Such a rigid position regarding the persecution bar is unnecessary. The Supreme Court should follow the lead of other nations that recognize duress as a defense in immigration law. Additionally, it would run counter to decisions by the Department of Homeland Security that allows for a duress defense when an alien is charged with aiding a terrorist organization with material support. The Supreme Court should implement a reading of the persecution bar that assesses whether the person acted under coercion or duress.
II. Terrorism-Related Legislation and Its Possible Affect on Child Soldiers
Terrorism has taken center stage in the discourse of national security and in the international realm. Children have encountered first-hand the effect of terrorism related legislation. Authorities have arrested minors suspected of terrorist involvement over seemingly minor offenses. Some detentions were triggered by stone throwing or for participation in demonstrations. In some instances, children were held in custody for extended periods and reportedly beaten.
The United States has already encountered this conundrum with some its detainees held in Guantanamo Bay. Three prisoners in Guantanamo were teenagers when detained in Afghanistan. One of these former teenagers, Mohammed Jawad, claims he was drugged to make him sleepy and disorientated the day he allegedly threw a grenade that injured two U.S. soldiers. This allegation makes his categorization as volunteer in an armed group less believable. Jawad’s situation illustrates the difficulty in labeling a child’s decision to join an armed as voluntary.
Even for those children who are not physically coerced by force or drugs to engage in combat, the manner in which modern armed conflicts occurs casts doubt on children labeled as volunteers in any armed group. Wars once waged away from civilians have transferred to populated or urban areas. In this scenario, war undoubtedly has a direct impact on a child’s life influencing their perspectives on armed groups or government forces. Children may not volunteer to further an armed group’s goals, but feel it to be a necessity for protection, food, or as a mechanism to avenge abuses committed against them and their families.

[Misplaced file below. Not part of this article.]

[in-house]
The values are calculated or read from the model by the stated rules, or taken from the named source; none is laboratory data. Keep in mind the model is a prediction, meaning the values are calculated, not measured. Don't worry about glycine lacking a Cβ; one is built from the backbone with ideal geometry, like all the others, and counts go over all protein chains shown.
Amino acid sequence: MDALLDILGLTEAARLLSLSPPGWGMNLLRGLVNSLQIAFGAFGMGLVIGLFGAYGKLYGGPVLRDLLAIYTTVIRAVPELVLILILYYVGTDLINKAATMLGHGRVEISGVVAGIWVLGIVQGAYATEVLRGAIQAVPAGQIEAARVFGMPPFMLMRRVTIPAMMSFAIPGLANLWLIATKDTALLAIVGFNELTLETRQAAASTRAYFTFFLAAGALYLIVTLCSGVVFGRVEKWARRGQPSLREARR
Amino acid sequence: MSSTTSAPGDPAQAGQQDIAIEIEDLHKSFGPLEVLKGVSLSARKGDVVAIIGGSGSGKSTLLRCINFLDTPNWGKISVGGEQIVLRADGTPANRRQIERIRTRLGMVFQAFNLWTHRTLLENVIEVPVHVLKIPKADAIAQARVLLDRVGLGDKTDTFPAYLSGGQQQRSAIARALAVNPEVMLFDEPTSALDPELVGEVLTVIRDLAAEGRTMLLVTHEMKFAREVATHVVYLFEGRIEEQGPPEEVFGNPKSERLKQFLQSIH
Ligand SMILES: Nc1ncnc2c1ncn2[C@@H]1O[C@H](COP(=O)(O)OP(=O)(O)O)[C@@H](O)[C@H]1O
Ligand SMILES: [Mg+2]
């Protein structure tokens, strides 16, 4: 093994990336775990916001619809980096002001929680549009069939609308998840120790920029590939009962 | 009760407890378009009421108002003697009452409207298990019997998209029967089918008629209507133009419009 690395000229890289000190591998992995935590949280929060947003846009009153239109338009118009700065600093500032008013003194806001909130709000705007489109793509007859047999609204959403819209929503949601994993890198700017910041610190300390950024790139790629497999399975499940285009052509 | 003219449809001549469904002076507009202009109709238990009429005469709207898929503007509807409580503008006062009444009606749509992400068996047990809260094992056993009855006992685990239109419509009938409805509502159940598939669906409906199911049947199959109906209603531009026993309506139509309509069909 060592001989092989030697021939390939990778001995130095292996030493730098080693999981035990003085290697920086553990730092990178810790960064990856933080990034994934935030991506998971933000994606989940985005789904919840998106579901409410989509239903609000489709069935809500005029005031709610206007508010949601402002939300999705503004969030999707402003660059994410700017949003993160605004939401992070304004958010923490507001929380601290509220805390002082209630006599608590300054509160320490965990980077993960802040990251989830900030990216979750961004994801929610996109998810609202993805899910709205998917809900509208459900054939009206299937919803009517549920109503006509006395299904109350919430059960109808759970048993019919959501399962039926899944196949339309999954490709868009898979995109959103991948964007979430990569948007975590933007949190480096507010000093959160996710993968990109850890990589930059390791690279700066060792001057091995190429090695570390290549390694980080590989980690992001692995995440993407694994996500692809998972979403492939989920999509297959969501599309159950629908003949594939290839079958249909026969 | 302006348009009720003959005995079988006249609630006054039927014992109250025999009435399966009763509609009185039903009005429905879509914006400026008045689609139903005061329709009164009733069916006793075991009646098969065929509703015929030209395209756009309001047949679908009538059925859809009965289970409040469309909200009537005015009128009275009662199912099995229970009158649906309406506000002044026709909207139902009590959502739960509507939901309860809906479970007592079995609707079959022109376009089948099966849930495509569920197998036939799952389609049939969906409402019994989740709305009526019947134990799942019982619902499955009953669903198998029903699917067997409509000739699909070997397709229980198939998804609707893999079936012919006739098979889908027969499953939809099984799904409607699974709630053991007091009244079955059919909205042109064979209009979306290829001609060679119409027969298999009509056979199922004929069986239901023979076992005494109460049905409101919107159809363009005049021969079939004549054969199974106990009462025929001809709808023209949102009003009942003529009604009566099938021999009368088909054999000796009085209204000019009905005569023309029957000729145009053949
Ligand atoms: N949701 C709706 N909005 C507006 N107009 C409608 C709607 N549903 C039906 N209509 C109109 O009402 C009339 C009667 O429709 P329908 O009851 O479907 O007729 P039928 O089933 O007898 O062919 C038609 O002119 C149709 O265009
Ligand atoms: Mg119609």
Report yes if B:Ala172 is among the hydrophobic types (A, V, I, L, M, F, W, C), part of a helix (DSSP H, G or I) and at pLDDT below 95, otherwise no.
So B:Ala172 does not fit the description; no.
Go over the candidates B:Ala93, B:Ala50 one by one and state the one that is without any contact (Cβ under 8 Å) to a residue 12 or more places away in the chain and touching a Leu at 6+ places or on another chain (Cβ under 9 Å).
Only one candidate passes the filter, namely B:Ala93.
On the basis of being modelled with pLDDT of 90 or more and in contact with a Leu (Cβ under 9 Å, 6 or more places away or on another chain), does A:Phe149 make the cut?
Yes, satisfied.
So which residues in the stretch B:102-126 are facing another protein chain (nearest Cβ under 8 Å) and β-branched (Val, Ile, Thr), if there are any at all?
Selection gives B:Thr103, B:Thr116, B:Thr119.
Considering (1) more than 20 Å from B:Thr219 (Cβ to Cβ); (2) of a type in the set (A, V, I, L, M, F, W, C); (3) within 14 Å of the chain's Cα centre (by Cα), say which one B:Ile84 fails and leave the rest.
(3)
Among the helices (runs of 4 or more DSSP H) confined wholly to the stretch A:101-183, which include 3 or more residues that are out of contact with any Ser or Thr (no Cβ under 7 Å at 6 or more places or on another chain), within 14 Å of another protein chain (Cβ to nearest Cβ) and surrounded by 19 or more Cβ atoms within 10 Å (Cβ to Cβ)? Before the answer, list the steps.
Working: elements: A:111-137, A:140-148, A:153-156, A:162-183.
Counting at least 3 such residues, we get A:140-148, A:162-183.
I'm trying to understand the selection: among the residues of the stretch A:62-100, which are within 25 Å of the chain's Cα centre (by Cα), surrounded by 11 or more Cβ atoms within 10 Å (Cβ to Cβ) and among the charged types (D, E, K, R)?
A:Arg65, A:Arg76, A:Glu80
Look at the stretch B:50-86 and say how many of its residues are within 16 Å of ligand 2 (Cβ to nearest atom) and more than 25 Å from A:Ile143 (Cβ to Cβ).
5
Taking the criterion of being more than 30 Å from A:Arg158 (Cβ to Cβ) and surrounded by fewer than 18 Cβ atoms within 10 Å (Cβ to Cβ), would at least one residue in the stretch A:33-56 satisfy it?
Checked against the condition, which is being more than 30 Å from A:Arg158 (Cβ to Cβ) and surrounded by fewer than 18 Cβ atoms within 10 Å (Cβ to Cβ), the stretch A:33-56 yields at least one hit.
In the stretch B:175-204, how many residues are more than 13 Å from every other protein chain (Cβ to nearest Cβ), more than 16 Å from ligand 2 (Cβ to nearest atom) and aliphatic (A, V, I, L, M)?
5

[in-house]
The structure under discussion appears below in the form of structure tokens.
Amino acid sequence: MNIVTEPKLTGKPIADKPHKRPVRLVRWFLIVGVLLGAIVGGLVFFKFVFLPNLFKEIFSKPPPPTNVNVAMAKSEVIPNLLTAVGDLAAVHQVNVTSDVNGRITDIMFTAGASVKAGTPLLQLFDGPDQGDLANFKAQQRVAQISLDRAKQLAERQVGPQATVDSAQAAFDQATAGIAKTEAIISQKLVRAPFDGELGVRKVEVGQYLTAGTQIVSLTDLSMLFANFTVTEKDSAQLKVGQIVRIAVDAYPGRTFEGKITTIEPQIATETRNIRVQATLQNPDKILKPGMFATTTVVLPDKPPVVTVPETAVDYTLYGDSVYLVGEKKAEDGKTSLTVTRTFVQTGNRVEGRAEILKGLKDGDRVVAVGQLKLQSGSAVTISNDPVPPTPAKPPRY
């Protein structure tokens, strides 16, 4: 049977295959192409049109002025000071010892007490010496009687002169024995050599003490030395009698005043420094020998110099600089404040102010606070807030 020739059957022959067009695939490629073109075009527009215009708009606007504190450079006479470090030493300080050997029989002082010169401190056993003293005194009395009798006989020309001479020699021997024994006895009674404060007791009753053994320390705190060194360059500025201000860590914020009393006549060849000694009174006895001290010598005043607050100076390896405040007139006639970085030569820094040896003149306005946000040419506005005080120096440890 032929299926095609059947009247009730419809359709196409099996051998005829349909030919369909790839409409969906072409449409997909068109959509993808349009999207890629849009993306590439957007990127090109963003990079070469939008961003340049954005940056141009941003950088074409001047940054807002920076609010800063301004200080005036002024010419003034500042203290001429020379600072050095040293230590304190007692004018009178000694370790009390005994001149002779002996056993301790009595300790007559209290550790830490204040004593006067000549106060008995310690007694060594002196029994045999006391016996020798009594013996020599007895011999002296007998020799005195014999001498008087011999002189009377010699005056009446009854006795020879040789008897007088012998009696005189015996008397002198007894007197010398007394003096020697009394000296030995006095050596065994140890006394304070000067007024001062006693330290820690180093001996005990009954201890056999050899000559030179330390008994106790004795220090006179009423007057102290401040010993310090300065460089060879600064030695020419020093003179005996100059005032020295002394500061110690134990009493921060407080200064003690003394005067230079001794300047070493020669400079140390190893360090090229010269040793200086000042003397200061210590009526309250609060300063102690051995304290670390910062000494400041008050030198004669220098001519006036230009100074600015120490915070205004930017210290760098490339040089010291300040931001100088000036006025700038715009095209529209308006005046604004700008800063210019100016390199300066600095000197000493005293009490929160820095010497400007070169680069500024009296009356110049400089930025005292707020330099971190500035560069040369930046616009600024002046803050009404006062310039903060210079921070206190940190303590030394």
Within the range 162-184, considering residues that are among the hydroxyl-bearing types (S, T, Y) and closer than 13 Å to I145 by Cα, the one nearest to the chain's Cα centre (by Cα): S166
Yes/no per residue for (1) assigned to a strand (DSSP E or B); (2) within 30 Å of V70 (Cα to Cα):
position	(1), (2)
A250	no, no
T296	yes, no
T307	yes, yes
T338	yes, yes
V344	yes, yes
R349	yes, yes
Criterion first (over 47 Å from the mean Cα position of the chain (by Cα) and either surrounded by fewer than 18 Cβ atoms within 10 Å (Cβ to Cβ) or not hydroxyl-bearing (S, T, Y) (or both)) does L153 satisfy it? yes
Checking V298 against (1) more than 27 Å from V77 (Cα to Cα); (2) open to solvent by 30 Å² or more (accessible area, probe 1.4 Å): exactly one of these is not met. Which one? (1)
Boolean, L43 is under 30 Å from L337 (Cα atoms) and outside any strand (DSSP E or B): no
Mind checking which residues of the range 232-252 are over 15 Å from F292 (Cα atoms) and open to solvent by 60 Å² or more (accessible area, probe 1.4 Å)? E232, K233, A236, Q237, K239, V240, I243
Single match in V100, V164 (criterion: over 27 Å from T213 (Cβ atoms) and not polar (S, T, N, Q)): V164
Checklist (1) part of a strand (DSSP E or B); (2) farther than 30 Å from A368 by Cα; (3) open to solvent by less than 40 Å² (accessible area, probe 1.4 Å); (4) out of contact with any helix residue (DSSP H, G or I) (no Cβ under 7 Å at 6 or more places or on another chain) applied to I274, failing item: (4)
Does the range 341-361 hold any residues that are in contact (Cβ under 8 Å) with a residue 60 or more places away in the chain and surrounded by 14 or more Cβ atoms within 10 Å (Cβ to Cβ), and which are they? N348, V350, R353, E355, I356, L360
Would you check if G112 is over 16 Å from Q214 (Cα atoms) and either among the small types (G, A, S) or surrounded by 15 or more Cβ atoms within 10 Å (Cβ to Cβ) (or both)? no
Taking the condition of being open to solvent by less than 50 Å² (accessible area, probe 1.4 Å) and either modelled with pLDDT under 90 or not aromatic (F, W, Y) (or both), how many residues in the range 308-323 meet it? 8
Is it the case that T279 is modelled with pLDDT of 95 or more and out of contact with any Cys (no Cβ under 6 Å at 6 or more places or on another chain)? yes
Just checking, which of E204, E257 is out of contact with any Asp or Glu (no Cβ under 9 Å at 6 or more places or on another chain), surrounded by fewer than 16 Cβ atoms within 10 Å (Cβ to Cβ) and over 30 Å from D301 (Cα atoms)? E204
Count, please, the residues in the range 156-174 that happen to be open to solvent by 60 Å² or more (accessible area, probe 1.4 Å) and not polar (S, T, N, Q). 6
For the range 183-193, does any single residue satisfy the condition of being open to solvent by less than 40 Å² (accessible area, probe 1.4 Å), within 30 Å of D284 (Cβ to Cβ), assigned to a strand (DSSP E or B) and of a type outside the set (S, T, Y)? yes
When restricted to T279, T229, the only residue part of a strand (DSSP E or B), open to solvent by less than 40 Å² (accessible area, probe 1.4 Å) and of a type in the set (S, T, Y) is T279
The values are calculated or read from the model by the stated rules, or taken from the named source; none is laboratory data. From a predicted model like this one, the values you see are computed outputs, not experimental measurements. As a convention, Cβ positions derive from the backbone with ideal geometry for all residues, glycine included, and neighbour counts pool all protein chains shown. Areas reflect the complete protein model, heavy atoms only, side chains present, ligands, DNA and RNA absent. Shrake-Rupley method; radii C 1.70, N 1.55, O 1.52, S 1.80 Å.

A. Terrorism-Related Legislation
Former child soldiers also may be barred from asylum or withholding of removal if they are deemed a danger to the country. This bar was not applied to Lukwago, Sackie or Bah. However, none of these men volunteered in the rebel groups or fought against the United States.
Anti-terrorism legislation enacted made persons ineligible for asylum or withholding of removal if they fell within the definition of terrorist activities. Most noticeably, terrorism enacted legislation has been criticized for being overly broad and causing the denial of asylum or withholding of removal claims on minor issues. These laws are likely to impinge asylum claims from former child soldiers considering the type of activities the armed groups carried out while using children.